Depression of Infancy and Early Childhood is defined as a pattern of depressed or irritable mood with diminished interest or pleasure in developmentally appropriate activities, diminished capacity to protest, excessive whining, and diminished social interactions and initiative. This is accompanied by disturbances in sleep or eating and lasts for at least 2 weeks.
Who gets it?
Depression affects up to one in 40 children. It involves the interplay of a genetic predisposition to depression, an imbalance of brain chemicals, and events in the child’s life.
There is a strong link between mental disorders in parents and their children. When parents have major depression, their children are at increased risk for emotional and behavioral problems of their own. Depression in parents is associated with depression, social phobia, disruptive behavior disorder, separation anxiety disorder, multiple anxiety disorder, and/or poorer social functioning in children.
Yet when parents are diagnosed, the children are often not even considered. We hope that this will prompt caregivers to notice whether the children are in any distress and to provide support for them, even at a very young age. And of course, we hope that parents will get the treatment and support that they themselves deserve, both for their own sake and for their children.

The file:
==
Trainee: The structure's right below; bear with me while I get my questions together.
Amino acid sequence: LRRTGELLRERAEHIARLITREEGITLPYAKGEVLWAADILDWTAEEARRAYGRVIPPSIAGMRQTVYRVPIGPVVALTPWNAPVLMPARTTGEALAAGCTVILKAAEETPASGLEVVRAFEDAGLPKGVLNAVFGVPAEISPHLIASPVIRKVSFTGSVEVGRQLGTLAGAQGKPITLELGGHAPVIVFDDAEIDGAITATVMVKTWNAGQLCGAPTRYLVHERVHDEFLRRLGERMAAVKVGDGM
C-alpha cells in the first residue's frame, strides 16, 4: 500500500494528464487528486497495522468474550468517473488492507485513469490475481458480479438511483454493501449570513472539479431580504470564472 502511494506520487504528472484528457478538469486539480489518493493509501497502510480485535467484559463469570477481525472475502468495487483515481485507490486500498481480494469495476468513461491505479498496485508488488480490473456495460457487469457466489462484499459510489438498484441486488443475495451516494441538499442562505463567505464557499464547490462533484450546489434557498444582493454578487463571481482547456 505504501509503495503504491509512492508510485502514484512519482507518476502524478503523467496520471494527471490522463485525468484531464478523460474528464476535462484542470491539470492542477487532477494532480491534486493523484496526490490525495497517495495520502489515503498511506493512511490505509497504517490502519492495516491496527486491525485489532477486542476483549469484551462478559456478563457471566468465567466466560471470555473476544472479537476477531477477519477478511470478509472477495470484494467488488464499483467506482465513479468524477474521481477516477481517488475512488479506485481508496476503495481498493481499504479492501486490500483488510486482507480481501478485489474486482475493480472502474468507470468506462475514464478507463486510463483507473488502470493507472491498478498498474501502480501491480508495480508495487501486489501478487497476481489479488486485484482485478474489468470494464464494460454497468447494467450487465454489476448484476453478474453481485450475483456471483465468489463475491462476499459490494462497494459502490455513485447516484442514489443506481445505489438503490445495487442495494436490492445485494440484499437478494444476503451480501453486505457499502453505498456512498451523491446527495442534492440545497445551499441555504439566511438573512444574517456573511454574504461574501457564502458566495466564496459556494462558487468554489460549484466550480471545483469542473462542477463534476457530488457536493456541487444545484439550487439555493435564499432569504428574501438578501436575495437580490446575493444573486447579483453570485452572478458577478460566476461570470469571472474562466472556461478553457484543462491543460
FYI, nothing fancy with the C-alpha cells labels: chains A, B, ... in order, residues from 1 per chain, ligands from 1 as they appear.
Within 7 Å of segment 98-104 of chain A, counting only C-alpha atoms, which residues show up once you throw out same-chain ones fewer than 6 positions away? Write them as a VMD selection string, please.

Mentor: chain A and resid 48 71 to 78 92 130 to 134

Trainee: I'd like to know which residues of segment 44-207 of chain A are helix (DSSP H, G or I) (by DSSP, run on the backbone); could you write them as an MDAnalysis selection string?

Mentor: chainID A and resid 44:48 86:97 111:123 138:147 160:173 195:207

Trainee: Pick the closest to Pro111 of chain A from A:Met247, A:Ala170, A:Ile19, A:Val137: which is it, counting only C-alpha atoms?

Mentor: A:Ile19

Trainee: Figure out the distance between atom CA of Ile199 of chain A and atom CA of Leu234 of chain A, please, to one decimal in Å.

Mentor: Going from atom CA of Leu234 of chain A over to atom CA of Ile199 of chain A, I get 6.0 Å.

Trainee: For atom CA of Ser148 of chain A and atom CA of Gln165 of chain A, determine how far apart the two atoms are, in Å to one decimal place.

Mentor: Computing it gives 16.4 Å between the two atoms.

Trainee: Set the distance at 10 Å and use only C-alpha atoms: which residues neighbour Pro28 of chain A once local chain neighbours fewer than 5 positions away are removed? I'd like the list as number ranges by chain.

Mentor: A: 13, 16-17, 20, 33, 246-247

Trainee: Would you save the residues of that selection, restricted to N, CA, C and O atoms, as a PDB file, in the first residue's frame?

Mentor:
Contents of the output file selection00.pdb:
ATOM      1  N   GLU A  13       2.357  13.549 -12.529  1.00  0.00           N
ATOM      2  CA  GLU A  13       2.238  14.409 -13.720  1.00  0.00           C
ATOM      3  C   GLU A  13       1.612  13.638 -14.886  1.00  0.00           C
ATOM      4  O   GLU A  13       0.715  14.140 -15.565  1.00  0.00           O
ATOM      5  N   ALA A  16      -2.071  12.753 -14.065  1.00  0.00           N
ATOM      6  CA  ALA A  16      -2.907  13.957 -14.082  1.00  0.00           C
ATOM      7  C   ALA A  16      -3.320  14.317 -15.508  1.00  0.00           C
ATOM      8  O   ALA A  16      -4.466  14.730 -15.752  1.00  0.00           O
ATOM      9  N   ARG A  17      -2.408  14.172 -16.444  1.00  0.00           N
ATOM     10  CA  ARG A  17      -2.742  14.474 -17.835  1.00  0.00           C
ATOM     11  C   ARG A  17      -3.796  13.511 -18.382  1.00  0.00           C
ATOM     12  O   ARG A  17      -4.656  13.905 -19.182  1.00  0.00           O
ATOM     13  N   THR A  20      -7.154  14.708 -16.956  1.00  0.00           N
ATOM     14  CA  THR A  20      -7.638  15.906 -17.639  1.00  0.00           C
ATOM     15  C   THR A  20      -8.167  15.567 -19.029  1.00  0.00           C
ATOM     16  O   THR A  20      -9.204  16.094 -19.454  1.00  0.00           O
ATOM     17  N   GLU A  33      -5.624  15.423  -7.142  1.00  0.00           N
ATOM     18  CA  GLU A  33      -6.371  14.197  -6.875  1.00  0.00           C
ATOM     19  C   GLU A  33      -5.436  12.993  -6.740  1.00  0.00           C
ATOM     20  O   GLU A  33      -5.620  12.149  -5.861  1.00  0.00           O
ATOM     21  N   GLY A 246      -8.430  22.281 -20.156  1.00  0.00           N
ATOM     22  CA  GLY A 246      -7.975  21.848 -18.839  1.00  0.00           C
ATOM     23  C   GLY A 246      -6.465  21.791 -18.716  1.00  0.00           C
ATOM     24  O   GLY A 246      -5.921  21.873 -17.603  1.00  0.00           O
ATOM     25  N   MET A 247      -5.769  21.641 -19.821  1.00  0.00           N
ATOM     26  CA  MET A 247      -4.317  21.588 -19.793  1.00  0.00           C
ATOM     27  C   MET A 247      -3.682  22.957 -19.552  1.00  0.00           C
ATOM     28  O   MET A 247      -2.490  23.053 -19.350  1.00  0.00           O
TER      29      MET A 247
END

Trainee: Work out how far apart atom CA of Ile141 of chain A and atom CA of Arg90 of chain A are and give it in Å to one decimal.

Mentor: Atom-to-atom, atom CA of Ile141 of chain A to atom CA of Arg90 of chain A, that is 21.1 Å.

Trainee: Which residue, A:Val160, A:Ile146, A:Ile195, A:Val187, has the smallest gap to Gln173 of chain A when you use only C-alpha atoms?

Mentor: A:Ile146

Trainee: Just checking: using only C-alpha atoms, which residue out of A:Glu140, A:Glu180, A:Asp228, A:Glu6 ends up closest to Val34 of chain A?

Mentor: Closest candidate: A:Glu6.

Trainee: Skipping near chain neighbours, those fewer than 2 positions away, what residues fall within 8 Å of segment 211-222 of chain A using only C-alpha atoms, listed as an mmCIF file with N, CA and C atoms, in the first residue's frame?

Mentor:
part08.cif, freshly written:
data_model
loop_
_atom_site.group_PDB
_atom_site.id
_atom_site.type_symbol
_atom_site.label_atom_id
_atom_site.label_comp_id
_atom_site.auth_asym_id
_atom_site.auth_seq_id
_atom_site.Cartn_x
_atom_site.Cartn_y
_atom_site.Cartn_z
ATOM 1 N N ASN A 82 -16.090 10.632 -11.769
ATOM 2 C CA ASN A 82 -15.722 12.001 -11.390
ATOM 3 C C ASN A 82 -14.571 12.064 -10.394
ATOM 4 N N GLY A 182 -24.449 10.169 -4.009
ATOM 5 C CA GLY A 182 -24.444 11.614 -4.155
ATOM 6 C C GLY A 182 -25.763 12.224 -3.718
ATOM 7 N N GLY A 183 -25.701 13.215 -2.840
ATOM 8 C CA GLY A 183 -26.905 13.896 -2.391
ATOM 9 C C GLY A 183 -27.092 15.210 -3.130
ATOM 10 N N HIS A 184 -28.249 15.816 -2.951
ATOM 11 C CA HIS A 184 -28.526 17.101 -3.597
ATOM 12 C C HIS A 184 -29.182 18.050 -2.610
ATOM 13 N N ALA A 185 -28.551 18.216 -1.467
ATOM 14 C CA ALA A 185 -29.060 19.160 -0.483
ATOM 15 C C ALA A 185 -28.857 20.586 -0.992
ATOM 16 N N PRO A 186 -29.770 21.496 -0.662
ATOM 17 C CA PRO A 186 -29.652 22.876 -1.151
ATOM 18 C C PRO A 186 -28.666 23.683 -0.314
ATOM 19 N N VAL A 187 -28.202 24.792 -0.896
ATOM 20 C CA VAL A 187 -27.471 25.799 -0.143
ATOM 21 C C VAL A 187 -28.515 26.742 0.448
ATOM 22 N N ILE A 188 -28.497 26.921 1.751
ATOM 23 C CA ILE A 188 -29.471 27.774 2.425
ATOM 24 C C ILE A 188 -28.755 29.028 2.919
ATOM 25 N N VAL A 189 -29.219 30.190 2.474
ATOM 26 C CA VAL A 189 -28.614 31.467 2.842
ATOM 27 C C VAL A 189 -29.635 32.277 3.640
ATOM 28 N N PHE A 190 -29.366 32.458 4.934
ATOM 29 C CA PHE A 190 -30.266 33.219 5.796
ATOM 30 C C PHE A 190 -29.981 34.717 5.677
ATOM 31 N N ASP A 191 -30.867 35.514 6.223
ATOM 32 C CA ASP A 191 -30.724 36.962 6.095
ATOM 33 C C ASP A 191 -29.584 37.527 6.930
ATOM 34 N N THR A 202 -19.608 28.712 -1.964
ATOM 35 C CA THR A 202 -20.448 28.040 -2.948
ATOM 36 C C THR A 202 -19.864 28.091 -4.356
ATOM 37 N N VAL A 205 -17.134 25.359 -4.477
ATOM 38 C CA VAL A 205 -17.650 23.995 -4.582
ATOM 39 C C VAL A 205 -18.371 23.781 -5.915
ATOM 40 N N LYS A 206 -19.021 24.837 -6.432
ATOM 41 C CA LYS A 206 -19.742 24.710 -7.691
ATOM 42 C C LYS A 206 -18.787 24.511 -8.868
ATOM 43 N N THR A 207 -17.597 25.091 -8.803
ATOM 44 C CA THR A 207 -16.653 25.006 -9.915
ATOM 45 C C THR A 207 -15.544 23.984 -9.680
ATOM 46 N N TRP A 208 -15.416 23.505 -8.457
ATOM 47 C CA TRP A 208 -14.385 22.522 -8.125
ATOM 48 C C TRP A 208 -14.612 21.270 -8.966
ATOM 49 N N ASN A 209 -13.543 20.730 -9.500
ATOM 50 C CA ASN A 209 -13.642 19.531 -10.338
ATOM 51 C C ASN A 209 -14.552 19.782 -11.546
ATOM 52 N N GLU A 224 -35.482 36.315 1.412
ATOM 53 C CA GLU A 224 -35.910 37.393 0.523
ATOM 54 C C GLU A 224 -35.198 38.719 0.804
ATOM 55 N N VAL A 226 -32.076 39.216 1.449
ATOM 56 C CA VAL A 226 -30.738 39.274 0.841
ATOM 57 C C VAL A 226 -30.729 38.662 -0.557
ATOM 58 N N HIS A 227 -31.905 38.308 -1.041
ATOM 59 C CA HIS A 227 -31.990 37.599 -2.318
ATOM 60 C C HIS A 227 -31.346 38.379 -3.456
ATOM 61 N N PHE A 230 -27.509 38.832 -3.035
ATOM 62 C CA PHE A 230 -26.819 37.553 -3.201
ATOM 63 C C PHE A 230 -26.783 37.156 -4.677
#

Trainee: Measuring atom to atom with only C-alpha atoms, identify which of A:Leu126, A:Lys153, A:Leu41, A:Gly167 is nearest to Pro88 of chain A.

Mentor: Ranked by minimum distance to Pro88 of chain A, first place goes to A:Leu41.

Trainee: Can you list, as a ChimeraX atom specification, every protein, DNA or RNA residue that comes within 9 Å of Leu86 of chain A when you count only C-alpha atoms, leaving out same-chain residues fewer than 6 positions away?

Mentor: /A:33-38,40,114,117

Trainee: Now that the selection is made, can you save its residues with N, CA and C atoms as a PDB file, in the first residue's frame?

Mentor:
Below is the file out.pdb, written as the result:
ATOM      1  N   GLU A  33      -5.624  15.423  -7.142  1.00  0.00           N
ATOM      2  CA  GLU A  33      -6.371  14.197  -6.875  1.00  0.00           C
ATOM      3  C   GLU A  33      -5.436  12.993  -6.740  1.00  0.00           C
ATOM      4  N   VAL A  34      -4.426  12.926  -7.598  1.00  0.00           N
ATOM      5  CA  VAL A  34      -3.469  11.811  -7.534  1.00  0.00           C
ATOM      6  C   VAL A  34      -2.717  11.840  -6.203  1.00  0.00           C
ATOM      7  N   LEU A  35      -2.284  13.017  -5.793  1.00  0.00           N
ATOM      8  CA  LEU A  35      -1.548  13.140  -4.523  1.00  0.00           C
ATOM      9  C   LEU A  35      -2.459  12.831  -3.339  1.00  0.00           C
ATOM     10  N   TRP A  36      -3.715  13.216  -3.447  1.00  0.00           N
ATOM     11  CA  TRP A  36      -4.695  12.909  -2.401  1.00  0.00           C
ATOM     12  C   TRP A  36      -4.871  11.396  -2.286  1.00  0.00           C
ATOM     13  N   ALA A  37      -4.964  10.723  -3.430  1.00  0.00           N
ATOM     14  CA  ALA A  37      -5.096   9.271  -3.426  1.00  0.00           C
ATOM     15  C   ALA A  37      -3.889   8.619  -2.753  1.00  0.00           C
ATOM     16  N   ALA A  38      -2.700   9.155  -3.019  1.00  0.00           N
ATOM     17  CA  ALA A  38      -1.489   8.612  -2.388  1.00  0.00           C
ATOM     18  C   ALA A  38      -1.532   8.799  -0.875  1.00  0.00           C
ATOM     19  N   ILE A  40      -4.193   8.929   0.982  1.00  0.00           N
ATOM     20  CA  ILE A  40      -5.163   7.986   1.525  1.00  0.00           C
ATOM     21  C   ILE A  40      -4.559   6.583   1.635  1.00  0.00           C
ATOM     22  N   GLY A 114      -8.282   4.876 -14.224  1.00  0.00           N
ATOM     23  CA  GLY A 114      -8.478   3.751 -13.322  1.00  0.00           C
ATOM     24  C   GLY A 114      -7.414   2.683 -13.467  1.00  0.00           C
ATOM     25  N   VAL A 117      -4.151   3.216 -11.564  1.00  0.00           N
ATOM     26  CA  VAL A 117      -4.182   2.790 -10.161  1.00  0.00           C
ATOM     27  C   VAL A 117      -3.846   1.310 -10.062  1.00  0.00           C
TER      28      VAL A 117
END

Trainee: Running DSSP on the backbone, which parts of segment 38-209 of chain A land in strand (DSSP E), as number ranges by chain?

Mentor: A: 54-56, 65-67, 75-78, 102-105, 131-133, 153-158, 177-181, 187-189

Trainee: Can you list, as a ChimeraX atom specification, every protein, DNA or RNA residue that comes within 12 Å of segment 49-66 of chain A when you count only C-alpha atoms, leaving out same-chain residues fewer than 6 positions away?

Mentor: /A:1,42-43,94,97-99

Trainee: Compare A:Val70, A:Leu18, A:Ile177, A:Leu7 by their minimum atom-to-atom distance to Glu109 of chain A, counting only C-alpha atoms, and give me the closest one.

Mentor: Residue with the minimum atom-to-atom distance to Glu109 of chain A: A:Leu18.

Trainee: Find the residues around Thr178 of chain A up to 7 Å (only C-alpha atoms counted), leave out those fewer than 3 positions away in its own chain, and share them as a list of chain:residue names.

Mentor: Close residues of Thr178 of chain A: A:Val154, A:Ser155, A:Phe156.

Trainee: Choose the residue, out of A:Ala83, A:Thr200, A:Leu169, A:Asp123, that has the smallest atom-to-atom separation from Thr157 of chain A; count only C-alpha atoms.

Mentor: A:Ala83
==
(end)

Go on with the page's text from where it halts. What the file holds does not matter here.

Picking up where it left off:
What are the Symptoms?
Children may have many of the same symptoms as adults. In general, though, children are more likely to develop phobias, anxieties, physical complaints, behavior problems and hallucinations. In addition, the pattern of symptoms in children can vary by age.
Infants and Toddlers?
developmental regression, increased crying, increased clinginess, increased anxiety, irritability, head banging, increased sleep issues, increased feeding problems, falling off growth curves, developmental delay, limited speech, limited social interaction
uncontrollable behavior, hyperactivity, tantrums, breath-holding, biting, kicking, scratching, nightmares, toileting problems (refusal, withholding, smearing, bedwetting, increased accidents.)
Is it contagious?
Depression in parents and caregivers can worsen depression in children, and vice versa.
How long does it last?
The symptoms of depression usually develop over several days or weeks. Without treatment, the depression usually lasts between six months and a year. These children will often become depressed more than once.
How is it diagnosed?
Whenever there is concern that a child might be depressed, an evaluation is important. This might include rating scales or structured interviews. Sometimes blood tests or EEGs are used to support the diagnosis.
How is it treated?
Depression in children may be treated with antidepressant medication and/or child therapy, such as cognitive behavioral therapy. The response to treatment in children can be quite good.
How can it be prevented?
Parents taking care of their own needs can help prevent depression in their children. In addition, nurturing attention, exploration and activity, good sleep, and good nutrition can be helpful. Some kids will become depressed, though, even in an ideal situation.
(This information has been made available from Dr. Green.com)
For further information on young children with depression, please see the following resources: